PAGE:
Reducing Vulnerability of Coastal Visitor Facilities, Cape Cod National Seashore, Massachusetts
Cape Cod National Seashore, Massachusetts, needs to replace visitor facilities along a popular beach vulnerable to coastal erosion and storm impacts. Redesigning this area required collaboration with visitors, town representatives, coastal engineers, and scientists to incorporate visitor use and needs with the realities of coastal change.
Visitor facilities at the park’s most popular life-guarded beach, Herring Cove, were built in the 1950s and included an asphalt parking lot atop the beach and a concrete block bathhouse and concession stand. An artificially high dune was maintained and expanded over several decades through the maintenance practice of pushing windblown sand from the parking lot’s surface to its landward edge.
To address stakeholder interests and needs, multiple public meetings were held by a park advisory commission subcommittee to discuss various redesign options. The park recognized public interest in continuing the beach’s historic use, which included being able to park cars in a location with an ocean view and direct beach access, and the resistance to taking a shuttle bus from a remote parking lot to the beach.
Outcomes and Conclusions
To mitigate impacts of the 1950s construction, the asphalt from the parking lots will also be replaced when Line Item funds become available. In the meantime, as of summer 2015, the park continues to use Massachusetts Wetlands Protection Act and US Army Corps of Engineers notifications to remove asphalt and repair the parking lot. The artificial dune, which prevented natural beach processes from occurring, will be reshaped to replicate the topography of natural adjacent beaches. This will have the added benefit of allowing visitors to view the ocean from the new parking lot location. The north parking lot will be rebuilt on higher-elevation land (0.3–0.6 m [1–2 ft] above the base 100-year floodplain) located 38 m (125 ft) landward of the prior location, a distance that accounts for ongoing and expected shoreline erosion over the next 50 years due to sea level rise, continental subsidence and major coastal flood events. These calculations were possible in part due to the long-term shoreline monitoring datasets and local expertise available for this coastline.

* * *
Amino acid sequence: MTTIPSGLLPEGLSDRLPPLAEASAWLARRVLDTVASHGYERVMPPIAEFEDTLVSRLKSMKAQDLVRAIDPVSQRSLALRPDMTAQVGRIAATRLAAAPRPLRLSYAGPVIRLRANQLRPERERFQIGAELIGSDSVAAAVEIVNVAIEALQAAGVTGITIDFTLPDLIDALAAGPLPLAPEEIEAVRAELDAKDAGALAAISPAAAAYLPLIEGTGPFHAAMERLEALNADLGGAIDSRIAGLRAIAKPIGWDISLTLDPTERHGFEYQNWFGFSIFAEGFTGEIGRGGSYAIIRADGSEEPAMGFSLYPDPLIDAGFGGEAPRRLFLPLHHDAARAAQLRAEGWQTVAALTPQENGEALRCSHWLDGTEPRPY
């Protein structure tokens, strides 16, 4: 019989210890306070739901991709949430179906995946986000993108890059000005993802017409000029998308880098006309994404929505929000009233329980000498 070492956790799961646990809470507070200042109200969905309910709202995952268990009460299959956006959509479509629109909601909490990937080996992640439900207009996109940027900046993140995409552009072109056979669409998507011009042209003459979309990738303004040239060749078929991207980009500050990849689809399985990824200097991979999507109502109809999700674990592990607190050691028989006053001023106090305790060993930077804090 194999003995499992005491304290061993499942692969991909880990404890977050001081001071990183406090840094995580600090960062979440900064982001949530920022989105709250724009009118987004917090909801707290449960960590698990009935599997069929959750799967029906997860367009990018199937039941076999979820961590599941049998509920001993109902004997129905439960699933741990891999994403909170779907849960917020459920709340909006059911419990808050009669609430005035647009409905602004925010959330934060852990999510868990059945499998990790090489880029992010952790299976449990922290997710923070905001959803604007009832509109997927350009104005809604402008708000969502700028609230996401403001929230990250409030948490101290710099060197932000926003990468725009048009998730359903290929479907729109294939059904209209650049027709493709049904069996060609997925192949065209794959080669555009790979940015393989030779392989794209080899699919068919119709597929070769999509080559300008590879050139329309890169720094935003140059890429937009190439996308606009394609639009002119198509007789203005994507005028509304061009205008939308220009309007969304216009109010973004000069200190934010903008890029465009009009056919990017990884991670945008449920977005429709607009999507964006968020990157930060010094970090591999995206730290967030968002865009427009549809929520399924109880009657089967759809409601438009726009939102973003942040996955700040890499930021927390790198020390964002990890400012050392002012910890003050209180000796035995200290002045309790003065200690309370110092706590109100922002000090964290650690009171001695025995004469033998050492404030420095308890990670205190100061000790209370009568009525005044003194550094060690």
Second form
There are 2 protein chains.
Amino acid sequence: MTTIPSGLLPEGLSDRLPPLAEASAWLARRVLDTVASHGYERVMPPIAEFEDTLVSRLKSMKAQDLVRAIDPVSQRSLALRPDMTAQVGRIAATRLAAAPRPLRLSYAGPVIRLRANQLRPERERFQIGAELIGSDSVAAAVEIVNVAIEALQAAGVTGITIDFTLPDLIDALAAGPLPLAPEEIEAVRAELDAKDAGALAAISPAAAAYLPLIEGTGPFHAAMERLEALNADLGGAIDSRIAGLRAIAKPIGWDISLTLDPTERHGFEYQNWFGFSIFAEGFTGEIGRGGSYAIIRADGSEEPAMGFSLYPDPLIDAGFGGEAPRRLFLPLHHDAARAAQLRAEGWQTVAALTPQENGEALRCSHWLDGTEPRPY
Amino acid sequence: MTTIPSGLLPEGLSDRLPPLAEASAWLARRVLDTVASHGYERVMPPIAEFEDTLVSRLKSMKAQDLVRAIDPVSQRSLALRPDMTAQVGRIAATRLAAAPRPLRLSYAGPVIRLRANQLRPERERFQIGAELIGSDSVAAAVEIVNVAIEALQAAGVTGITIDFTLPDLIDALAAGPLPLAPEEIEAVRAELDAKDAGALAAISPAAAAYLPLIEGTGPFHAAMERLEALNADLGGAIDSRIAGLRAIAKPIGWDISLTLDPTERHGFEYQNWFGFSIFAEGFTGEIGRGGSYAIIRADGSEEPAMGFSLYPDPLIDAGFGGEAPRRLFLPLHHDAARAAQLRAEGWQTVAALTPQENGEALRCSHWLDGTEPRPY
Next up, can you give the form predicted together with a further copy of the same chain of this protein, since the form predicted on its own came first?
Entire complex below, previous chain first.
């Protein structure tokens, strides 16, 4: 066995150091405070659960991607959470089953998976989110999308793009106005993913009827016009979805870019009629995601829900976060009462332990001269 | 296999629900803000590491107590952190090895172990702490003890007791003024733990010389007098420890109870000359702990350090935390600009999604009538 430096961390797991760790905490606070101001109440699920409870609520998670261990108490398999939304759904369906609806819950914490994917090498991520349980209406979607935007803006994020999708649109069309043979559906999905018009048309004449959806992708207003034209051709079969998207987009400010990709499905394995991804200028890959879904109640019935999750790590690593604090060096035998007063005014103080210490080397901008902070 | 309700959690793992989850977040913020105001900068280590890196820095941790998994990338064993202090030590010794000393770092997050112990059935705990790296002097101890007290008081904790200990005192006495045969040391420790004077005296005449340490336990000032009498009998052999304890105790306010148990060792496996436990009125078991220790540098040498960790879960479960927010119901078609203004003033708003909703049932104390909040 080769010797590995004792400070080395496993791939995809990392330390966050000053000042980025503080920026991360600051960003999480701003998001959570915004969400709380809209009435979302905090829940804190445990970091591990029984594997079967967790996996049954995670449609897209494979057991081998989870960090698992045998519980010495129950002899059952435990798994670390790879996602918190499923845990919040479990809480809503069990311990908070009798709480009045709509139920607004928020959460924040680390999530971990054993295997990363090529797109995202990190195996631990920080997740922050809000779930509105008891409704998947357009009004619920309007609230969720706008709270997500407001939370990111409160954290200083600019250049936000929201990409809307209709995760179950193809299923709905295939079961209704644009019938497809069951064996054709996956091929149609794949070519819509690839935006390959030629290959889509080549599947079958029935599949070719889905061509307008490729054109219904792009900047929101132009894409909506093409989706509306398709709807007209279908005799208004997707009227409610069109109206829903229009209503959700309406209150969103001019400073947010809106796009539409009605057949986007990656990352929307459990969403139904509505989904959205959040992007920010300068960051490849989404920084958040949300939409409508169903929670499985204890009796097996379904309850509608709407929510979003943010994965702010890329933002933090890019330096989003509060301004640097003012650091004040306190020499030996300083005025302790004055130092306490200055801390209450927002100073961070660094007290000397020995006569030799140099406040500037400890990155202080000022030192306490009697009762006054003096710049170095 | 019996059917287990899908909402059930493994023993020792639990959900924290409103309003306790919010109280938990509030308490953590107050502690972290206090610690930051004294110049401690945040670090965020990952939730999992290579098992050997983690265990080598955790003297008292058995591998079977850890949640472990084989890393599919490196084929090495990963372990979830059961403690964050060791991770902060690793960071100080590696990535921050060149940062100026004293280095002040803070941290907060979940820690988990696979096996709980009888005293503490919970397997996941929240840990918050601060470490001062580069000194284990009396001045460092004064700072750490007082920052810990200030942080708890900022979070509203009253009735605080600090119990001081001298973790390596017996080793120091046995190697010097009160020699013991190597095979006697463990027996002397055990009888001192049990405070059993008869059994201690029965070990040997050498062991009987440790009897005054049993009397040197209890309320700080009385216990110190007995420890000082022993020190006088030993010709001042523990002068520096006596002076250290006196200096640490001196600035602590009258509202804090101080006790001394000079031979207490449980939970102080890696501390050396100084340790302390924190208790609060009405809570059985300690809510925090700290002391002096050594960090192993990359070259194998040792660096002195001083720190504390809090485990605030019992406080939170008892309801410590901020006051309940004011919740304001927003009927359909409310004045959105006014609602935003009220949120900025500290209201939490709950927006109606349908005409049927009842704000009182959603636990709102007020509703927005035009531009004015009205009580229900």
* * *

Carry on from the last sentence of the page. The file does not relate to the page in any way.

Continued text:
This case study is part of the 2015 National Park Service report, Coastal Adaptation Strategies: Case Studies. These case studies initially were developed by park managers as part of a NPS-led coastal adaptation training in May 2012. The case studies follow the format created for EcoAdapt’s Climate Adaptation Knowledge Exchange (CAKE) database, including a list of adaptation strategies. All case studies were updated and modified in September 2013 and March 2015 in response to a growing number of requests from coastal parks and other coastal management agencies looking for examples of climate change adaptation strategies for natural and cultural resources and assets along their ocean, lacustrine, and riverine coasts.
Borrelli, M. (2015). Reducing Vulnerability of Coastal Visitor Facilities, Cape Cod National Seashore, Massachusetts [Case study on a project of Cape Cod National Seashore]. Excerpted from Schupp, C.A., R.L. Beavers, and M.A. Caffrey [eds.]. 2015. Coastal Adaptation Strategies: Case Studies. NPS 999/129700. National Park Service, Fort Collins, Colorado. Retrieved from CAKE: www.cakex.org/case-studies/reducing-vulnerability-coastal-visitor-facili...(Last updated November 2015)